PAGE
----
How to plan a backpacking trip

The thought about how to plan a backpacking trip can just be overwhelming at first sight. When planning a multiday backpacking trip you need to think about a lot of stuff.

So with a lot of other things in life, planning is the first step.

This is a step by step guide to plan your backpacking trip. Some steps involve the answer on other ones. Like e.g. when to go and where you like to go. Where you like to go, and how long you want to go, etc.

Take a piece of paper, or open a document on your computer and start to make notes. Every answer will bring you step by step closer to your perfect backpacking trip.

How to plan a backpacking trip - step by step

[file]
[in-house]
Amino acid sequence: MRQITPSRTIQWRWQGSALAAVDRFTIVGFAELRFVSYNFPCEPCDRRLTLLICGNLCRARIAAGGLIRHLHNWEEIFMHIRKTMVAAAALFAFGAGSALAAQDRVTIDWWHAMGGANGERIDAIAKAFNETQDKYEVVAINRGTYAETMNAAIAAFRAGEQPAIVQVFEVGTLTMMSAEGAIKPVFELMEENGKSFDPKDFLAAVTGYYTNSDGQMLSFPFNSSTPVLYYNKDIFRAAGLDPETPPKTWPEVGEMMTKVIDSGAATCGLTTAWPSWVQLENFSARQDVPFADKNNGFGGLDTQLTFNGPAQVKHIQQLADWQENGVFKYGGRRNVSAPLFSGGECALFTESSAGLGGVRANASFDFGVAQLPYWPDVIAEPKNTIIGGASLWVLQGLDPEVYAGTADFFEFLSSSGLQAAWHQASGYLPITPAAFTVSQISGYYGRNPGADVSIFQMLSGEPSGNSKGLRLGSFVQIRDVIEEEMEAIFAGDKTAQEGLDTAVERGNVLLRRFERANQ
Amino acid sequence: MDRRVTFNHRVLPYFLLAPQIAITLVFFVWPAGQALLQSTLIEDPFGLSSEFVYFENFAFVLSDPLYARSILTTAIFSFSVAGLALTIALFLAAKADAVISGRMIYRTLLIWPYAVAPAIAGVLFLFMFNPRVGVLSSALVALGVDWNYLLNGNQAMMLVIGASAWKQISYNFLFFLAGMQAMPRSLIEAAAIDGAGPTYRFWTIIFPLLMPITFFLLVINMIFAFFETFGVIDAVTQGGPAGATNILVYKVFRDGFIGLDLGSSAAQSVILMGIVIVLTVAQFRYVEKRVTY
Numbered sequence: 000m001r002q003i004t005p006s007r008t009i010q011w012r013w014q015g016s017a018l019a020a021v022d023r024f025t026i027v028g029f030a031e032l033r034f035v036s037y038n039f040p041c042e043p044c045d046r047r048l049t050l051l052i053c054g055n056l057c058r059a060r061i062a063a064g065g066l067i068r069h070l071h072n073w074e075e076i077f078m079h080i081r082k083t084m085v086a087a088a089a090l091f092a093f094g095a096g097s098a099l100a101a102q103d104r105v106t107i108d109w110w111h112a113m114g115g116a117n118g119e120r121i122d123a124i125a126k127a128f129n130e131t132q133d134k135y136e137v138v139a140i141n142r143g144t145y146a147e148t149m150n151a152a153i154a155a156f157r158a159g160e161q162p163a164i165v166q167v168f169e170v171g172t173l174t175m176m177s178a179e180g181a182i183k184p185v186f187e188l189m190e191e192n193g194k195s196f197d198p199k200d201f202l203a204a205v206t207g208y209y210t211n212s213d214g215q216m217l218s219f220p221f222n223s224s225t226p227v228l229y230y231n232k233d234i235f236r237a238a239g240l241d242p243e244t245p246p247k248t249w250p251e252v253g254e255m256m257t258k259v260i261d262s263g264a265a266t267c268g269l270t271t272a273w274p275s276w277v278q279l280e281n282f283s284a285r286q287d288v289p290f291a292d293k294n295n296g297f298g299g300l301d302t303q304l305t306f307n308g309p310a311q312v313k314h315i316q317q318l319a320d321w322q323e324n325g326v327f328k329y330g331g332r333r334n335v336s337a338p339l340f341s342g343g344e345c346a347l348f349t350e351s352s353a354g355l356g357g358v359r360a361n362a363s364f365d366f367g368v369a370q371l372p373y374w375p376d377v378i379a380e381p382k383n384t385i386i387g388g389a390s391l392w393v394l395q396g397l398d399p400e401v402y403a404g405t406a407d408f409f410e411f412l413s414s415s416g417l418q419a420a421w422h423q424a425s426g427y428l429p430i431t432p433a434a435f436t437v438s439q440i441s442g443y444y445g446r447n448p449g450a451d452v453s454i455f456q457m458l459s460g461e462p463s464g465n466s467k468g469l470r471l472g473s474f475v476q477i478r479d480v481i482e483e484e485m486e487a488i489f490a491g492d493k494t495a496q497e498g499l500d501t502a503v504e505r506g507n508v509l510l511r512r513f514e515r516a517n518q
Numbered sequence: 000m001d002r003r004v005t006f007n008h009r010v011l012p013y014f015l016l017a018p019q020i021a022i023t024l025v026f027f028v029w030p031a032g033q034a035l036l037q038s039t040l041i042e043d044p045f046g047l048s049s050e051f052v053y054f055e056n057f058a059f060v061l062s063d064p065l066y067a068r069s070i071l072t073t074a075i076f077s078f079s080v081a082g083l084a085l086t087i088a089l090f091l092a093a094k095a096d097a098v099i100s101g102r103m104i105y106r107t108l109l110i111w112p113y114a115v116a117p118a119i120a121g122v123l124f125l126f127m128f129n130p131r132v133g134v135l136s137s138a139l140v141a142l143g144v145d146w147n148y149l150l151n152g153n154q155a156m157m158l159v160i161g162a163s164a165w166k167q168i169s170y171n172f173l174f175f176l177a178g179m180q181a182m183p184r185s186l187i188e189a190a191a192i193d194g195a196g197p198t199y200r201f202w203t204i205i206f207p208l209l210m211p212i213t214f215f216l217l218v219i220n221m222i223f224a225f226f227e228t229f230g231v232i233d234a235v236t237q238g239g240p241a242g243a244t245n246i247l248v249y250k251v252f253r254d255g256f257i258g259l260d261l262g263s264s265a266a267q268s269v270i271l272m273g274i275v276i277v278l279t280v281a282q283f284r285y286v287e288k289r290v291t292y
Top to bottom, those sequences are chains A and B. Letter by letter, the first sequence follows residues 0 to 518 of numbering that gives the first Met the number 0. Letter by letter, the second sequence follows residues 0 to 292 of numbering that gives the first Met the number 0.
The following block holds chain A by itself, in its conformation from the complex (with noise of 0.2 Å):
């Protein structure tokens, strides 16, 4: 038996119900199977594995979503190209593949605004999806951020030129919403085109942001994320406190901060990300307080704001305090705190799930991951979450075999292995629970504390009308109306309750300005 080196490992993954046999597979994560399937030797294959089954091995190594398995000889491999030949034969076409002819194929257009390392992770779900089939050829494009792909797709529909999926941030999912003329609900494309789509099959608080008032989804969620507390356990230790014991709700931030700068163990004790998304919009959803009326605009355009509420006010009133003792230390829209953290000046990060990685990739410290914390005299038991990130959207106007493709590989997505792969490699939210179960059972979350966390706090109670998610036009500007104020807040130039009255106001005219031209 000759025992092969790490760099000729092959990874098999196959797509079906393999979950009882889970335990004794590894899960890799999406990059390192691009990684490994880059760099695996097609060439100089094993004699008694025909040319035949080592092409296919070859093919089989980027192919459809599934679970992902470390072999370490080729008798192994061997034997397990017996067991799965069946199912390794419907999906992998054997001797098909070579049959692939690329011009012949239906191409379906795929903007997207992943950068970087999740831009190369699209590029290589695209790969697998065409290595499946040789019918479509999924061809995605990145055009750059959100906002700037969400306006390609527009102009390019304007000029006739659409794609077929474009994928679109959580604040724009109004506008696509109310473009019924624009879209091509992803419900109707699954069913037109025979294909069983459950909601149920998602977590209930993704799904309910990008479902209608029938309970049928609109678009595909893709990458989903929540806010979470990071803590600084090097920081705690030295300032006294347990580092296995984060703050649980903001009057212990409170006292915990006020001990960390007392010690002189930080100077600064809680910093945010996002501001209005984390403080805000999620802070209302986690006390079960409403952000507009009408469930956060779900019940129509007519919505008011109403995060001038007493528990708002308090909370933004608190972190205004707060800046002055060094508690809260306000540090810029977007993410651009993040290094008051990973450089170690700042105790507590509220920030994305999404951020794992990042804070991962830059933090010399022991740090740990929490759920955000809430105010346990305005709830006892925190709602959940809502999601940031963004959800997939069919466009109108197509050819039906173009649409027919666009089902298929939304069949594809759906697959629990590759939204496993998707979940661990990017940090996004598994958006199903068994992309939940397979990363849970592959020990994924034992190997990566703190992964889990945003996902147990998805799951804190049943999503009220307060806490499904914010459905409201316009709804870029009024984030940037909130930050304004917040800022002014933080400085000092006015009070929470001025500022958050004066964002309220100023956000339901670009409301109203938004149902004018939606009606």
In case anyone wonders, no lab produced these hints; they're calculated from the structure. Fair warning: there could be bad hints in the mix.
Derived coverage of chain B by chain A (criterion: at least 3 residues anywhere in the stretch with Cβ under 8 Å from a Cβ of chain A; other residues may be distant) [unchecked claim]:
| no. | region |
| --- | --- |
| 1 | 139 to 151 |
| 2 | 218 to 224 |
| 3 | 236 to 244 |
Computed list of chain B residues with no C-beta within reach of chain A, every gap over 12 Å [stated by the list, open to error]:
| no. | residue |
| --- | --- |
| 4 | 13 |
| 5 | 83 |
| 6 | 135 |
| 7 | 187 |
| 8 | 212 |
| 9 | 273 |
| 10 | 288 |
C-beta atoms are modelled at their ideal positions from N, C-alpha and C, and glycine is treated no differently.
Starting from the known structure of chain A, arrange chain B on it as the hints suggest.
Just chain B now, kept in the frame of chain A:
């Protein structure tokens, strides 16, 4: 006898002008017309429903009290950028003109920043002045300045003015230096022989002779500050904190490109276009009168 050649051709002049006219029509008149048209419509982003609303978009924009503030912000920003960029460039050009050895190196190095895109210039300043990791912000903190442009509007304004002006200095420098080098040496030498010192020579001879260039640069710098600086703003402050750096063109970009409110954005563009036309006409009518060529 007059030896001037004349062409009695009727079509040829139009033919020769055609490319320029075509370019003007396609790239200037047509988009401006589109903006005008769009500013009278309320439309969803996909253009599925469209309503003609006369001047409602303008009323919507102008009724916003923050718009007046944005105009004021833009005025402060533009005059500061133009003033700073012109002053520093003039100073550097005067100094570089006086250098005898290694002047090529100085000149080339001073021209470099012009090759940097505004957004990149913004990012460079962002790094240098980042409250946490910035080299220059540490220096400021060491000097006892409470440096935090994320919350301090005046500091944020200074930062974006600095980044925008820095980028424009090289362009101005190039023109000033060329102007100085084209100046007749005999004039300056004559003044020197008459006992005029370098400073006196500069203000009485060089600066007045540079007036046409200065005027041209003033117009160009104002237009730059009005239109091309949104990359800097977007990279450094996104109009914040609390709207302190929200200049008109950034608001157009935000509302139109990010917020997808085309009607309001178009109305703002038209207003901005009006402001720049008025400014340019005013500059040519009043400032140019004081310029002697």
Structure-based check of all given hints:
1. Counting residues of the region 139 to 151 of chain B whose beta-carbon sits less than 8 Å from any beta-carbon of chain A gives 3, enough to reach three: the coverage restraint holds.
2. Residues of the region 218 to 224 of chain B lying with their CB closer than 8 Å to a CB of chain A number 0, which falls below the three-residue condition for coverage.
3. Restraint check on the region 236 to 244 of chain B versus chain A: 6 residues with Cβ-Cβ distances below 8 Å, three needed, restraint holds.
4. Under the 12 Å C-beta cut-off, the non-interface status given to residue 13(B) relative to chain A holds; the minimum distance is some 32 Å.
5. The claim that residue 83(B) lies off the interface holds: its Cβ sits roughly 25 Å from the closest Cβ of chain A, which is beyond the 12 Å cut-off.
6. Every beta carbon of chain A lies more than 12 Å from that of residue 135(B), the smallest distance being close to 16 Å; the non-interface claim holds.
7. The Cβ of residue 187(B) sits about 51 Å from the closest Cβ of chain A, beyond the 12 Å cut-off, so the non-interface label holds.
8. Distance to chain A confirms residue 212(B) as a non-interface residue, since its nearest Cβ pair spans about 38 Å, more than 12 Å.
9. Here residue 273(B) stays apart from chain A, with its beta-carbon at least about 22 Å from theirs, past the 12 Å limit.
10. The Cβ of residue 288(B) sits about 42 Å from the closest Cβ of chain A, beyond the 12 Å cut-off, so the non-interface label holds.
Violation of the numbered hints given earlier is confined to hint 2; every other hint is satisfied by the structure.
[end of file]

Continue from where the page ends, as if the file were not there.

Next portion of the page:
1) When - choose a date/season

The first step will be to decide when you want or can go on your trip.
Because if you know when to go, you can decide where to go. Is it spring time, summer, autumn or maybe even winter?
There will be some parts of this world where you most likely won’t go on a backpacking trip in winter or early spring because there will possibly be a lot of snow or bad weather.
In summertime you might leave out some trails where it will be boiling hot and dry, no water sources around.

So whenever you know when you want to go, you can continue to plan anything else.

2) How long

For how long can you go?

Some trails are easy to just “cut” into smaller pieces so you can individually plan any lenght of trip. Other trails are of certain lenght, and not too easy to cut short.